You might think that my lack of a medical degree would in some way limit this column. Instead, the lack is liberating, allowing intuition, experimentation, and common sense to be peers rather than poor little sisters of scientific research.

My first column on the low-carb crazecreated in large part by the paperback publication of Dr. Atkins' New Diet Revolution in 1999serves as a fine example of the fruits of this freedom.

Since the only scientific research done on the Atkins Diet at that time was a rather unfavorable study published in the the Journal of the American Medical Association in response to the swift success of Dr. Atkins' first book in 1972it sold more than 900,000 copies in seven months!those with ties to the medical community felt compelled to cite the 1973 JAMA study and condemn the new version of the Atkins diet.

I, however, could consider the significant weight loss of the 25,000 clients Atkins personally assisted, the burgeoning obesity epidemic, and my personal experience with simple and complex carbohydrates and praisealbeit partiallythe Atkins diet. I wrote that while there is a better way to lose weight, the Atkins diet worked for the majority of Americans because they already made two major dietary mistakes: they ate too many overly refined, simple carbohydrates and they ate too much fat.

Eliminating the one that triggers excessive insulin secretion, I explained, makes it easier not to overeat and lose weighta fact that was verified years latersurprise, surpriseby scientific research. And years after that, additional research verified the diet I prefer, a high-protein, high-complex carb diet that's low on simple carbs and bad fats not only works as well for long-term weight loss but also is better for athletic performance.

Am I bragging? Um . . . maybe. But I can argue the aforementioned example is an appropriate introduction to the fact that exercising before breakfastsomething I've been advocating for yearshas another even more significant benefit.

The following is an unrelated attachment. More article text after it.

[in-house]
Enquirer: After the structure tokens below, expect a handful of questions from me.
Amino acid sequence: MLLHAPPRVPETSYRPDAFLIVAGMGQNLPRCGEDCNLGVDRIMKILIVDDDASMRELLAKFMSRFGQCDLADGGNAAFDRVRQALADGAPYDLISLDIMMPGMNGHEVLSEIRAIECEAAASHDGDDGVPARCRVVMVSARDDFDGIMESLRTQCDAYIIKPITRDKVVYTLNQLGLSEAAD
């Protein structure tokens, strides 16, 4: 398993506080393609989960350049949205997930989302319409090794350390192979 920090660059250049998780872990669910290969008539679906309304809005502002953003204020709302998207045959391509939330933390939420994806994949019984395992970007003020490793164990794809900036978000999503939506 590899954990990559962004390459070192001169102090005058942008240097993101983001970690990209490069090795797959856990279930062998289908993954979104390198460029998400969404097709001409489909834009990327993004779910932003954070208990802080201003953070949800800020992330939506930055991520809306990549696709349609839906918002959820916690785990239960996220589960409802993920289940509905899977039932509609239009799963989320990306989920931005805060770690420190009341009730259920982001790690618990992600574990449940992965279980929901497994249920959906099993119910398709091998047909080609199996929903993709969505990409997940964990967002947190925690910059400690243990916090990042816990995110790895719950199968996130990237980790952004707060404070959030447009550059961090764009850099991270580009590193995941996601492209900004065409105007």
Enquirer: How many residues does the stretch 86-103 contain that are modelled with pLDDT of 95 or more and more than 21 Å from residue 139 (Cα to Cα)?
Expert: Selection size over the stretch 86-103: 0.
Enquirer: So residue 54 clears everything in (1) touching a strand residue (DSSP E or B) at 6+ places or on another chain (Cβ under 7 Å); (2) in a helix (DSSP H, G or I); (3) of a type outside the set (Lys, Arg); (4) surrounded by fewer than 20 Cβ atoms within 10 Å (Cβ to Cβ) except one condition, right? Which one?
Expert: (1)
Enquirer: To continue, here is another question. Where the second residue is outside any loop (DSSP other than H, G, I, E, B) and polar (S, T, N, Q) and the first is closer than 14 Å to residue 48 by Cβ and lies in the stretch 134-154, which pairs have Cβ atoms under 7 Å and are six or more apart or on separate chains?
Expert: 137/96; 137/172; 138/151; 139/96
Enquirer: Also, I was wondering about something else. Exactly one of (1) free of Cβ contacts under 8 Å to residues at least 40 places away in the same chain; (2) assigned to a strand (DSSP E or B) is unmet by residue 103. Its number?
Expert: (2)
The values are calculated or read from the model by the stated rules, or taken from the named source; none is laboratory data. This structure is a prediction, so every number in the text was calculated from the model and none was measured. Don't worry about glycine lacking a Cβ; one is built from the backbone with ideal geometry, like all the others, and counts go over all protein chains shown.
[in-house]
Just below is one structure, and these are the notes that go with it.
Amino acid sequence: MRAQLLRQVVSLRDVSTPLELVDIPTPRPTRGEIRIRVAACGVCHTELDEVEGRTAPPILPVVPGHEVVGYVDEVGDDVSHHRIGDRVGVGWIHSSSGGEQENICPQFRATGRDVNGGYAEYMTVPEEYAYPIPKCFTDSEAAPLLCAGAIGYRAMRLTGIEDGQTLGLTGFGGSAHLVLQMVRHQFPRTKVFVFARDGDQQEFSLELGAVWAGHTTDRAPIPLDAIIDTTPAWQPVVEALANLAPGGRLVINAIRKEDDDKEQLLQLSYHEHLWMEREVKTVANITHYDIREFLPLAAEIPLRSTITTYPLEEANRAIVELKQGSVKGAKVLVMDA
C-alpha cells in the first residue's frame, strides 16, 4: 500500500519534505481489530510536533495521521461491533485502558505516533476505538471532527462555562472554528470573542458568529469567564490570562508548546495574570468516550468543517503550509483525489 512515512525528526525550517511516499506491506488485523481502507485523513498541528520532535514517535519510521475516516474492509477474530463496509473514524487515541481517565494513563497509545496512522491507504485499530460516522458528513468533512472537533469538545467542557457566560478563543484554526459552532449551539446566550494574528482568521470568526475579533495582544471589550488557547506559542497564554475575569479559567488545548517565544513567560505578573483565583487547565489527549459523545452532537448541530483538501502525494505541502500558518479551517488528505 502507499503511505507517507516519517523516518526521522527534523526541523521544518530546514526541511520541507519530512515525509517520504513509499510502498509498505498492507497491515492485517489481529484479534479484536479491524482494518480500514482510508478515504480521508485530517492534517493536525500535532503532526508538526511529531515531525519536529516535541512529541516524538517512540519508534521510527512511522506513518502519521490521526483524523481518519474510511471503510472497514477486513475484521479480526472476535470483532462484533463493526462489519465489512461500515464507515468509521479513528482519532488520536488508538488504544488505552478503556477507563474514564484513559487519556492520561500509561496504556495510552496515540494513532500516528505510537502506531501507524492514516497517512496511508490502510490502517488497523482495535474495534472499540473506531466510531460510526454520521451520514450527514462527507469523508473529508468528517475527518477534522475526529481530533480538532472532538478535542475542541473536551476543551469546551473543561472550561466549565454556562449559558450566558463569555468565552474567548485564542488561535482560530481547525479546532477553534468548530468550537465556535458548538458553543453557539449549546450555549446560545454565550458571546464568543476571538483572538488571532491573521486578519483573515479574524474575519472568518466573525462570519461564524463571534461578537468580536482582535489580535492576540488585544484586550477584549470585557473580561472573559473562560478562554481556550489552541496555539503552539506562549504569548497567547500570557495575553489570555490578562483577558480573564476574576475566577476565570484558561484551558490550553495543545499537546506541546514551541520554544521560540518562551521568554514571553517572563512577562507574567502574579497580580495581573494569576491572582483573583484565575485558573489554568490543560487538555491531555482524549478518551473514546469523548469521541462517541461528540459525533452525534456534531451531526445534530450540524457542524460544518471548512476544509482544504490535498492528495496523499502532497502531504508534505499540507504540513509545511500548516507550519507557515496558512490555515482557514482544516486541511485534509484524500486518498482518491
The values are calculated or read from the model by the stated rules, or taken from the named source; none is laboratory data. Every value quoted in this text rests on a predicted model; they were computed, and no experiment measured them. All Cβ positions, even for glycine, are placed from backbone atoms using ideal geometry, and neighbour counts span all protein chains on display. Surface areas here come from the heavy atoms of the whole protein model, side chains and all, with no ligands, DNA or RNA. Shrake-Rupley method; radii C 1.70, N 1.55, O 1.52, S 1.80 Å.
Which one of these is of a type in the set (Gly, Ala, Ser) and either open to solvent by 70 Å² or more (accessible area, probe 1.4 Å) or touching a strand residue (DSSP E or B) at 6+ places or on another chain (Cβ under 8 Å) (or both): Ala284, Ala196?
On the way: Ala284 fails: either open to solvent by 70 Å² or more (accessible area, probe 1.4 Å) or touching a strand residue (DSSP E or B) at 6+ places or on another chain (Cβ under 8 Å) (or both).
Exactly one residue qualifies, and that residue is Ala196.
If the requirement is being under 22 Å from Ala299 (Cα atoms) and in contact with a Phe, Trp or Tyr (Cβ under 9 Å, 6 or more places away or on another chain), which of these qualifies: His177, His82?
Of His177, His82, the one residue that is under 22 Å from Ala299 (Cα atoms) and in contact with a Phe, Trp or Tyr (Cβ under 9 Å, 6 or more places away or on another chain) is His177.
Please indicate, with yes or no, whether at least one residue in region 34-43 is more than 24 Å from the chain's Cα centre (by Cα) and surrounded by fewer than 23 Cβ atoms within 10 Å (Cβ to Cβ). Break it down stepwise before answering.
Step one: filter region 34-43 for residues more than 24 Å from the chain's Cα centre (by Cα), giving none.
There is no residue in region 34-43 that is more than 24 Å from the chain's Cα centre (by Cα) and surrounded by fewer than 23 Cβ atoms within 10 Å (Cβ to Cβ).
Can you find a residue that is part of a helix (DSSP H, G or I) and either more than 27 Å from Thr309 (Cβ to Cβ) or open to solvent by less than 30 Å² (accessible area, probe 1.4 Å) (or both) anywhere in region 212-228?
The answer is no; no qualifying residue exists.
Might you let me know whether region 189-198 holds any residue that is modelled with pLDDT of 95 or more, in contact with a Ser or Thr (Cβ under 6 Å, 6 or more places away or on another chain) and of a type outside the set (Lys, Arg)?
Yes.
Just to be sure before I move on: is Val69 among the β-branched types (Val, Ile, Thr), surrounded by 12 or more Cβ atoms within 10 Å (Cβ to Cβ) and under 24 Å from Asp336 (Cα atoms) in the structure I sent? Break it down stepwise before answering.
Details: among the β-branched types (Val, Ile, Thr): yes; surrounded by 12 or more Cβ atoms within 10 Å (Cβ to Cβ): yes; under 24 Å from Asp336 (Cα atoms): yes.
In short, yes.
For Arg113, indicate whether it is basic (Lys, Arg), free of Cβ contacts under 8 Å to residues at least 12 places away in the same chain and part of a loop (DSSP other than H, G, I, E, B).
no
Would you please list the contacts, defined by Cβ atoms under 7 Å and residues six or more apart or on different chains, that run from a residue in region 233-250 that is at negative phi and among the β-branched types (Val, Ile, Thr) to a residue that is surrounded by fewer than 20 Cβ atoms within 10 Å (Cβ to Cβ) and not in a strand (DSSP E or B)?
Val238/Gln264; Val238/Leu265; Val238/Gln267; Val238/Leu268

Exercise before breakfast has been shown to mitigate the effects of a poor diet.

The Belgian study, published in The Journal of Physiology, took 28 healthy young men, had them eat an intentionally bad dietone comprised of 50 percent fat by calories and 30 percent more total calories than they neededand then placed them in one of three groups. One group did no exercise at any time during the day, one group exercised after a breakfast high in carbs and used a sports drink during workouts, and one group exercised before eating breakfast and drank only water during workouts.

The exercise performed by both groups was supervised to be sure it remained identical and strenuous. Both groups worked out four times a week by either running or cycling, with two of the workouts lasting 60 minutes and the other two lasting 90.

Six weeks later, all three groups were weighed, andsurprise, surprisethe members of the no-exercise group gained an average of six pounds. A real surprise, however, occurred in the comparison between the breakfast-before-exercise group and the exercise-before-breakfast group.

The breakfast-before-exercise group averaged a three-pound weight gain. But even though the exercise-before-breakfast group consumed the same number of excessive calories and bad ones at that, they gained no weight.

Yet a bigger surprise was how the timing of the exercise affected insulin resistance, a precursor to type 2 diabetes.

As expected, the no-exercise groupdespite their young age, prior good health, and the relatively short study periodhad developed insulin resistance. They also showed evidence of fat being stored between muscle cells, another harbinger of health problems.

What wasn't expected was that the exercise-before-breakfast group would show neither of these conditions while the breakfast-before-exercise group did. So in essence, at least for the short term, exercise before breakfast can be seen as a way to negate the previous day's pig out.

But athletes, and especially bodybuilders preparing for a competition, have been doing this for decades as a way to burn fat and to teach the body how to burn a higher percentage of fat as fuel during sedentary times and less-than-intense exercise.

And scientific studieseventuallyproved that this practice works. That' because after a fast such as the one induced by a night's sleep your blood sugar is at what's considered its baseline fasting level.

In other words, there's no immediate fuel to stoke your exercise fire. So instead of secreting insulin, your body secrets glucagon, which allows stored fatty acids to be broken down into energy.

Do this with some frequency and your body becomes more efficient at using this energy store and resorts to it more quickly.

While a study from last April has shown exercise intensity is lowered by the fasting state, the fasting state was created by exercise, a fast, and then a second bout of intense exercise was measured. My personal experience indicates that your body needs a few weeks to acclimate to before-breakfast exercise and that aerobic exercise can reach the same level of intensity as later-in-the-day exercise.